by Zoe Pollock

Andy Selsberg asks for one:

Fashion has parallels to food: most clothing is too cheap, that cheapness has tragic costs, clothing is an agricultural product, and we consume too much of it. ... As a recovering bargain-hunter, I would like to know what a reasonable price is for a men’s dress shirt. Not a good deal, but a fair deal. A price that hasn’t factored in extraordinary human pain and economic distress and environmental destruction. ...

Before the price tag, there was more haggling, which required more knowledge about the market and what you were buying. And this buying and selling were generally done within a communityso if you screwed somebody from either side of the counter, it’d come back to haunt you.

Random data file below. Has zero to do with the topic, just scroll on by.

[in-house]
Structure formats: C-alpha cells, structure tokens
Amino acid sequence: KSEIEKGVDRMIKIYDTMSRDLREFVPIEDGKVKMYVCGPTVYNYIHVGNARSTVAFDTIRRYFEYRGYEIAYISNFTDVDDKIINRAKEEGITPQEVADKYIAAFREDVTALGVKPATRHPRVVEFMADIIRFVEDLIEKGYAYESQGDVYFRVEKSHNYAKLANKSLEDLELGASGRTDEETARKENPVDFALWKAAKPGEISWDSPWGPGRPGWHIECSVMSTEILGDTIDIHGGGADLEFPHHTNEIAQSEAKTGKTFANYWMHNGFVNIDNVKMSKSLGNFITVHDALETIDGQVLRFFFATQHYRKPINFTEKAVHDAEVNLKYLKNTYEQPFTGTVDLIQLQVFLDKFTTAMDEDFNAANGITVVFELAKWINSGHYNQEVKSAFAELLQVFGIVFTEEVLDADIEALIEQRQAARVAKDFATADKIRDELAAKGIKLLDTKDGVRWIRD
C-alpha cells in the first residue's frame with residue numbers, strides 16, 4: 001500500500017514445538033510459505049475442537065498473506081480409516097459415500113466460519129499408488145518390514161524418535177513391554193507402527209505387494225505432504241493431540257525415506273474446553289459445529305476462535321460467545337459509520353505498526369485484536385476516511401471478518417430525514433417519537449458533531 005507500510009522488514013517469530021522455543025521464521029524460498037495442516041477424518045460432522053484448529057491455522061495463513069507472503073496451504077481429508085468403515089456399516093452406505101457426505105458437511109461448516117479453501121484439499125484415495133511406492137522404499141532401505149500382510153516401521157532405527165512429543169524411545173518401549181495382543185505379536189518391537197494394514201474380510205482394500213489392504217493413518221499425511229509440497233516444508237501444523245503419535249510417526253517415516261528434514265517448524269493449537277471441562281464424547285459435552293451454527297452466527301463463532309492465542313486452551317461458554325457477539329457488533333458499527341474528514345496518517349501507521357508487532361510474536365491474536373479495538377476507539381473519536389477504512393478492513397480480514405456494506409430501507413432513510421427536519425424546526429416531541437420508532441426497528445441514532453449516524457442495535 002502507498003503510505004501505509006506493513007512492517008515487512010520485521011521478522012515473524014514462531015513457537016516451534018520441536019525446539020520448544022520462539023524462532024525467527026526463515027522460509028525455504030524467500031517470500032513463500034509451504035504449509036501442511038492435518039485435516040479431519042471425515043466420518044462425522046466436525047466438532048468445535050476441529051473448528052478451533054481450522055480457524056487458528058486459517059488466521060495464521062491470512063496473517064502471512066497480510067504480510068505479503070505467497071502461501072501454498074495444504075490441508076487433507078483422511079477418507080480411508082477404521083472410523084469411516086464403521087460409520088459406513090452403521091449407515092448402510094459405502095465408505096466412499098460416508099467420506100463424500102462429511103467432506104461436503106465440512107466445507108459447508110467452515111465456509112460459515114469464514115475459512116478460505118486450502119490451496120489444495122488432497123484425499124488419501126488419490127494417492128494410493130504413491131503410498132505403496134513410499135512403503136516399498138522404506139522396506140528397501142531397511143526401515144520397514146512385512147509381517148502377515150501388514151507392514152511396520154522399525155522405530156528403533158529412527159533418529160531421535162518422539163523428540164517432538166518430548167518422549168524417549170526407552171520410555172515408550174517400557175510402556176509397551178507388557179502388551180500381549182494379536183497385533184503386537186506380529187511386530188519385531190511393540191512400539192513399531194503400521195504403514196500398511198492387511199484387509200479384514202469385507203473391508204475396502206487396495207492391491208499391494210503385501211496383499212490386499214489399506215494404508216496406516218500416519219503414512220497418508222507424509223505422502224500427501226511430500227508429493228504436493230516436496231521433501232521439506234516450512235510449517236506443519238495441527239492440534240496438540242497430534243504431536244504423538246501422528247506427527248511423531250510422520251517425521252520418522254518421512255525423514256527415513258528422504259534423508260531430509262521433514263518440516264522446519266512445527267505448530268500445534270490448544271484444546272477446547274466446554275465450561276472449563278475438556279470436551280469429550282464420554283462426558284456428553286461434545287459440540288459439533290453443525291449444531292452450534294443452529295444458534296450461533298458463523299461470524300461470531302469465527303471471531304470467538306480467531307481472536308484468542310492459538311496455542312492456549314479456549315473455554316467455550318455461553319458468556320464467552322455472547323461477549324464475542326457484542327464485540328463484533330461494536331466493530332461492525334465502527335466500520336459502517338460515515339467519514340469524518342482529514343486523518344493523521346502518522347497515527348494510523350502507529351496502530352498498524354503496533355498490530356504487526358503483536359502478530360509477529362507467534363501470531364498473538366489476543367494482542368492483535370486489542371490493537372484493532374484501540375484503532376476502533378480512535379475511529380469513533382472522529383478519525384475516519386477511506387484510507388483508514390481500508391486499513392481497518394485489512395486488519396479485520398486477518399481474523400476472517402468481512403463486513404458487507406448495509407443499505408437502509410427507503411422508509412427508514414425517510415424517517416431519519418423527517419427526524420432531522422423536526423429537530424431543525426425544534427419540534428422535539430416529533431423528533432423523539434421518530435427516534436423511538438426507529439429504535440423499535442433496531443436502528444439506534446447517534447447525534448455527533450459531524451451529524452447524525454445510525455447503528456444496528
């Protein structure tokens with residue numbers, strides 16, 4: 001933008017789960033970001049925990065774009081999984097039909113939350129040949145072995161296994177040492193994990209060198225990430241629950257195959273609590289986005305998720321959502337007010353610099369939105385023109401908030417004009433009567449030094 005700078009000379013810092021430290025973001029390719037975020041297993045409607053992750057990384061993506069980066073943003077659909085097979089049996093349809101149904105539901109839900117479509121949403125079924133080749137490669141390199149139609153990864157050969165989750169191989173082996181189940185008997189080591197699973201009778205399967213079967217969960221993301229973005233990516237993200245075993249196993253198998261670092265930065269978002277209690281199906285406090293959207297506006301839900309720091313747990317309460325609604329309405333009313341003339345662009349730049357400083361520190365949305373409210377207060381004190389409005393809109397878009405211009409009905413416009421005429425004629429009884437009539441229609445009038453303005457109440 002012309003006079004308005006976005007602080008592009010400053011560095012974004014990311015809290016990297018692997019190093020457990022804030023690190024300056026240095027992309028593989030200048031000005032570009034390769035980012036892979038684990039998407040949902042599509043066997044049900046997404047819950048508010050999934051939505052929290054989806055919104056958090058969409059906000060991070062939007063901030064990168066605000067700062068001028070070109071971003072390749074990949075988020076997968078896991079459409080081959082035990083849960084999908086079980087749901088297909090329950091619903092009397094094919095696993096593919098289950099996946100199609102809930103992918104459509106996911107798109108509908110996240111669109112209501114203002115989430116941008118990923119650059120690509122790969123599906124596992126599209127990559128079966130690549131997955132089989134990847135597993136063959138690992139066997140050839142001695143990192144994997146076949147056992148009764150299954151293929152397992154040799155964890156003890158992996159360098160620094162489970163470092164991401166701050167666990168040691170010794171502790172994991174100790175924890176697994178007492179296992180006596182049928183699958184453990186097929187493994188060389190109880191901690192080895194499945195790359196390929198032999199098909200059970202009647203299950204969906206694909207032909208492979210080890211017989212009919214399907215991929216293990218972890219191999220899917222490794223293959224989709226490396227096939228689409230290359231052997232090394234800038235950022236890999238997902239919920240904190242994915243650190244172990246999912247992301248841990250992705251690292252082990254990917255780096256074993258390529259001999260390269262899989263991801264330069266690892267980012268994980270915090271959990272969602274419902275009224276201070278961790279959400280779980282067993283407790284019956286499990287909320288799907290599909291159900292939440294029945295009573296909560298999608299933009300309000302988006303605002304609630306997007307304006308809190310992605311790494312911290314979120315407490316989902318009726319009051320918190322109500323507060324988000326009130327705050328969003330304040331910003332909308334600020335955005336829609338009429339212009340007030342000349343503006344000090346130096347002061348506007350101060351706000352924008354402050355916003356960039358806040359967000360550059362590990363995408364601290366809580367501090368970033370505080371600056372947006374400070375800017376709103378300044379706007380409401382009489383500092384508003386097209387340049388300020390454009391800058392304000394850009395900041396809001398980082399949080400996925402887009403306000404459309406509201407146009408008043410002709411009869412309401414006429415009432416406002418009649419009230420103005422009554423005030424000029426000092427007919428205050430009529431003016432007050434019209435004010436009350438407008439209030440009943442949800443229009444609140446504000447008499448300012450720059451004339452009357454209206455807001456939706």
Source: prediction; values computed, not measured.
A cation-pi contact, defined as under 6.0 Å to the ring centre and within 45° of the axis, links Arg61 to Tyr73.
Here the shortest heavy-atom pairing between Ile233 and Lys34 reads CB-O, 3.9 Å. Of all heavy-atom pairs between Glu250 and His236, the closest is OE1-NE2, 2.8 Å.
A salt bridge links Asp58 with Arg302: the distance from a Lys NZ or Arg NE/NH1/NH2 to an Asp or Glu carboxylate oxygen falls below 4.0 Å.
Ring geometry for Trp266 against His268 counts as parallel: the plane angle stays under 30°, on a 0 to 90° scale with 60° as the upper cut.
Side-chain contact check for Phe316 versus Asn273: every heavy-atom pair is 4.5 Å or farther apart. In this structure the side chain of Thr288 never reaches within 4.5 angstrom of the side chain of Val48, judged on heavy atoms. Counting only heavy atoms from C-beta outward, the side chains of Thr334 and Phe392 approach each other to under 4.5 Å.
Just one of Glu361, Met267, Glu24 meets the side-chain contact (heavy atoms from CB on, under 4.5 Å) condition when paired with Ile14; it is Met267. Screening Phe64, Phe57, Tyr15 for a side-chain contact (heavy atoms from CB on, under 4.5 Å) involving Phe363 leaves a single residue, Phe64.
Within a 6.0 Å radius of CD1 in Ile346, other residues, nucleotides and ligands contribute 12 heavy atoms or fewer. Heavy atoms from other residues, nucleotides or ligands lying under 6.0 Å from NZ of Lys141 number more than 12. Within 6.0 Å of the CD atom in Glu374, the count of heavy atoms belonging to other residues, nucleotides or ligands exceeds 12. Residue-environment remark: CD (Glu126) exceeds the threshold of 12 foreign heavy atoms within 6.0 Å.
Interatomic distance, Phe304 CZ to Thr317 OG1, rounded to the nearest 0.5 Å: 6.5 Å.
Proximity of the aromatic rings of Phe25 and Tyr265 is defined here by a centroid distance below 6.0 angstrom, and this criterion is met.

But it’s hard now to be deeply knowledgeable about clothing. We’re specialized, and the clothing industry is opaque. You can plant a tomato or raise a chicken, but most of us can’t grow and process enough cotton to make sweaters, or become boot makers by reading a few articles.

As a huge proponent of both vintage and clothing exchanges, I think he raises some interesting points. The Uniform Project tapped into just those ideas about sustainability and fashion, and apparently founder Sheena Matheiken just gave a TED talk.

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